Every Body Knows

This piece is featured in the collaborative project between WhyNot and Project See and B for Propel Youth Arts WA 2024 KickstART Festival in Western Australia.

Words by Sofie Kerr (she/her) 22 WA

Since I can remember, I have wanted to be a jazz singer, go to WAAPA and eventually write my own music.

By 2020, I was 18, and beginning to fulfil those dreams but was faced with some serious obstacles. I was battling an eating disorder, developed CPTSD that was triggered every day at university and experienced mental and physical symptoms for years.

I refused to defer or to stop my gigging, writing and recording because I loved it all so much and was highly motivated, achieving a lot but losing myself in the process.

As my work and studies got harder, it became increasingly difficult to ignore the things my body was screaming at me. A couple of days before Christmas 2021, I woke up with one side of my body numb and not moving. I was admitted into hospital and, after many tests and questions, was diagnosed with something called Functional Neurological Disorder (FND).

I learnt that FND was the explanation of months of tics and seizures and had manifested from years of stress and trauma to my body and nervous system. Most doctors at the hospital had never heard of it, nor did they have much medical advice for what to do.

When a person has FND there isn’t technically anything wrong with them physiologically- it wasn’t a stroke or an injury, every part of my body was perfectly intact. I could be fine one day and then half paralysed the next. I was terrified and didn’t understand it. I thought I could never trust my own body again and that my life was over. I had heard of FND, only in the few months prior to my own diagnosis, because another Perth jazz musician- an incredible trumpeter and composer named Jessica Carlton had had a very similar history to me and also got an FND diagnosis in hospital. I was able to reach out to her and received some ongoing support, but still felt very alone in the industry.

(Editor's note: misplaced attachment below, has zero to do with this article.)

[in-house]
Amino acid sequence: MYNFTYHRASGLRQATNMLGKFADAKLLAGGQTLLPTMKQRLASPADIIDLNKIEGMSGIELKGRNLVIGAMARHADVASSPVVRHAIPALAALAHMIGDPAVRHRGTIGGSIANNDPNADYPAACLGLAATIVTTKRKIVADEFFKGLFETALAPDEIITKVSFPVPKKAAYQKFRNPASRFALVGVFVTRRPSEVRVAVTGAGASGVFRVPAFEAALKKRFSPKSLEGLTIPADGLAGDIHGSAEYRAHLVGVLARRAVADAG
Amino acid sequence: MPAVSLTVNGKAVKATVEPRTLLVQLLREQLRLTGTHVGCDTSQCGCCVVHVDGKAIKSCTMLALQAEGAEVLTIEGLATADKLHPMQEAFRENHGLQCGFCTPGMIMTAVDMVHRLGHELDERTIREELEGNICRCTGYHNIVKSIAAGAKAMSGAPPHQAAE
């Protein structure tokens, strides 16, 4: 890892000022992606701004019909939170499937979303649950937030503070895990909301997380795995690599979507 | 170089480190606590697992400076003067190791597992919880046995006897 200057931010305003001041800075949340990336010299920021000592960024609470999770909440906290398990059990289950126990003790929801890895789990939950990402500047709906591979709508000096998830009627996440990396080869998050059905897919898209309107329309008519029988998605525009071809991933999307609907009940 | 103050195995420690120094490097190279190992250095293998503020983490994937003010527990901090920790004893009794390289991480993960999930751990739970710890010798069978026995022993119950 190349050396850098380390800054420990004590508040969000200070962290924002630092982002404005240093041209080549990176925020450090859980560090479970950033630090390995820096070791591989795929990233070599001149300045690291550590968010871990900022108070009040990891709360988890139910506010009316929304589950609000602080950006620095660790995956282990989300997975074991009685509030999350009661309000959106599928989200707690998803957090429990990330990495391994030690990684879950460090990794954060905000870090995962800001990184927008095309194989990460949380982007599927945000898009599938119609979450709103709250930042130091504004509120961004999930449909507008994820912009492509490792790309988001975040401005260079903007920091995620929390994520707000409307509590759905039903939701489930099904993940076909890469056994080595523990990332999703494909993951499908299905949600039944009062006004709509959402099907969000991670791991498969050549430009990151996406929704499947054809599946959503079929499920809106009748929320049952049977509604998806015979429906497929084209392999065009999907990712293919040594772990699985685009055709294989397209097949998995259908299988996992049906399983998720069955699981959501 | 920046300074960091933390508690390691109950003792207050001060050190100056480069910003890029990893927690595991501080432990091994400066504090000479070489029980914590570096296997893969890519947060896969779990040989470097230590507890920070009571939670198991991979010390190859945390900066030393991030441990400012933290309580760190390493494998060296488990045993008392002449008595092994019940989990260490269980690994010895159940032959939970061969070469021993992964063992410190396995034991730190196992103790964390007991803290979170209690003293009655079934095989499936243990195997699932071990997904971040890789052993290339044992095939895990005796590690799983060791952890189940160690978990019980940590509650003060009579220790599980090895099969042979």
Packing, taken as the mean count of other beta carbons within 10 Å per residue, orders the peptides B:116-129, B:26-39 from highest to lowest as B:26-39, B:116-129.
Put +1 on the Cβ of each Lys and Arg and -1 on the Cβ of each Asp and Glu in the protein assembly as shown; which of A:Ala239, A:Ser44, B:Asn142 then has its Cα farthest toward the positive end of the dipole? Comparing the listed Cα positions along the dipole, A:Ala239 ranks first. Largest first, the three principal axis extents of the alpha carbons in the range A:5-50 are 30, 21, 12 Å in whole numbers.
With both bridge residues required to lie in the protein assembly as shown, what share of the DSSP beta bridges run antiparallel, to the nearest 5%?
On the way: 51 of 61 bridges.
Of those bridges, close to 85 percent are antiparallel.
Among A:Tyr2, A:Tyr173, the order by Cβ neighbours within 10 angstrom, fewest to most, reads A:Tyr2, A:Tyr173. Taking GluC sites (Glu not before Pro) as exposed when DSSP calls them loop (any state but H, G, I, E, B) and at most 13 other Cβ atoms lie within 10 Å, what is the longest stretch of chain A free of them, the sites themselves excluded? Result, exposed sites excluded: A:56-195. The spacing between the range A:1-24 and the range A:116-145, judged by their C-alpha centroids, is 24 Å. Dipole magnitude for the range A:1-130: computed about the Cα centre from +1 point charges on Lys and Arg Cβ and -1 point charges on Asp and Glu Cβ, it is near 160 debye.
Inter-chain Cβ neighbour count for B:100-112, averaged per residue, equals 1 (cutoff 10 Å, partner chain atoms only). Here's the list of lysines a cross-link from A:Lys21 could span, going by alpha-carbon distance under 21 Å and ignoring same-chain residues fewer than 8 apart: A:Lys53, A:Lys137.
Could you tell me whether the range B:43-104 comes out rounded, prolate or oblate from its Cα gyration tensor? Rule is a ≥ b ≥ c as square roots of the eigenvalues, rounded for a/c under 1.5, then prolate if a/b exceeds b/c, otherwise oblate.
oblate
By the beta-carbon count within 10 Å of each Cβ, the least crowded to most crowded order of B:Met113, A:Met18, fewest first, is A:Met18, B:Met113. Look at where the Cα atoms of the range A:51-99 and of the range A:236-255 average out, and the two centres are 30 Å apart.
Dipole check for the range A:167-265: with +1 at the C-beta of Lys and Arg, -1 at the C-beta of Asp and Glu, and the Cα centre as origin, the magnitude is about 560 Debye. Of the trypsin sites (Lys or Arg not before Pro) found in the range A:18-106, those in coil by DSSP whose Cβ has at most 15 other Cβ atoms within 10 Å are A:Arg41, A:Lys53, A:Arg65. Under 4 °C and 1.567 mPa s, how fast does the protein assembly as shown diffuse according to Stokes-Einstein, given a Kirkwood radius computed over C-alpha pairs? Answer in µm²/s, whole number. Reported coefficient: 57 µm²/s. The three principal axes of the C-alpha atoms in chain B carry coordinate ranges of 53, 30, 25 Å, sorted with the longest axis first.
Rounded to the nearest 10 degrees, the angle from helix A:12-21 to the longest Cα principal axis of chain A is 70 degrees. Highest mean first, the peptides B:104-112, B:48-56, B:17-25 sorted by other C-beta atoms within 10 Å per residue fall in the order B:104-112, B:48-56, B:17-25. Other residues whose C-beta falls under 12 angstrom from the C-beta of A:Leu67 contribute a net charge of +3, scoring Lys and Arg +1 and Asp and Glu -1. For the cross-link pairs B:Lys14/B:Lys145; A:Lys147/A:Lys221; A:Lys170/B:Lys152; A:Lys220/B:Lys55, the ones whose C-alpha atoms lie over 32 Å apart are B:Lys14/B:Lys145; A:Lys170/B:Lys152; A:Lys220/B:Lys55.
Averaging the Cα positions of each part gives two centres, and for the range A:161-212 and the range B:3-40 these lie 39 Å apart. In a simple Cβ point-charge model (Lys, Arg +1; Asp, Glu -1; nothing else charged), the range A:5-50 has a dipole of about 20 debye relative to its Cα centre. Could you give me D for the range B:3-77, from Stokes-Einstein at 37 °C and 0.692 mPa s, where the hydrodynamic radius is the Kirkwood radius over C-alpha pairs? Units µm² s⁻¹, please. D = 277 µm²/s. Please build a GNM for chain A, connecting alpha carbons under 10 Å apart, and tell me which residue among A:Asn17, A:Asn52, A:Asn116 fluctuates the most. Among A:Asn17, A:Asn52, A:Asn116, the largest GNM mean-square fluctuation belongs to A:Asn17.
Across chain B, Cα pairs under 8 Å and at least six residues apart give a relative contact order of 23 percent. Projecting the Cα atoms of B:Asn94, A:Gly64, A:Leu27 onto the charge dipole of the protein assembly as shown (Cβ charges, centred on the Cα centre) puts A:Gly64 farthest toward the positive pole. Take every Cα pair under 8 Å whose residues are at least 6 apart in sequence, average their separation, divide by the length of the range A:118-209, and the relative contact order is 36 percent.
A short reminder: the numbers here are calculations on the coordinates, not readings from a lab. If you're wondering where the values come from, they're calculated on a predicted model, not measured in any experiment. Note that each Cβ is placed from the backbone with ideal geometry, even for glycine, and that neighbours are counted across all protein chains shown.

The FND episode slowly resolved in time for third year uni to commence, and I was ready to go back! I booked gigs, continued to write and record my album. I went to uni every day facing more CPTSD triggers.

By March I was in another FND episode, this time it was my dominant side so I couldn’t write. I waited it out and eventually it ended. I was having mini episodes multiple times a week – often coinciding with PTSD triggers.

In July, another major episode. I had to use a walking stick, and it took my voice. I couldn’t sing or speak properly. There wasn’t any point in “pushing through” anymore. My marks and attendance were dropping, I was having seizures and breakdowns in front of highly esteemed musicians who I wanted to impress in rehearsals, and now I couldn’t even sing.

So, I deferred and took a break. I rested. I booked a physio appointment to start something called Feldenkrais, which I was told was going to help me. Through Feldenkrais I was very slowly reintroduced to my body. In the beginning it was very distressing, my brain refused to connect, but after months of hard work I was able to detect oncoming episodes and rest when I needed to. At home I started to read books and write poetry, started working in a theatre, and rediscovered what I loved about the arts on my own terms.

After a year off, I returned to uni feeling like a brand-new person. I was in a new year group. I wasn’t facing my triggers in the classroom anymore. I was managing my time better and learning more about myself.

I went back to uni and gigging, working on my own timeline, going to bed early, managing my nervous system, and staying in tune with what my body was telling me.

I honestly liked music again.

My seizures stopped after a while and I felt myself grow in a way I never had before. I was, and still am, struggling with comparing myself to those around me. It was somewhat frustrating adjusting to a life where I was making allowances for my invisible disabilities. I was worried people wouldn’t believe me, or would think I was lazy, but after a while it began to pay off.

My body had to be incredibly dramatic to get me to listen, but I’m almost glad it did. FND sucks, but it forced me to work with myself and not against.

I’m learning that being an artist isn’t about how many hours you log in a practice room or being the most accomplished or technically proficient person in the room. Music is all about experiences and perspectives, not the hustle, and it’s our differences that makes art beautiful and important.

 

Illustration by Jodie. You can find more of her work on Instagram @jodie_ellin

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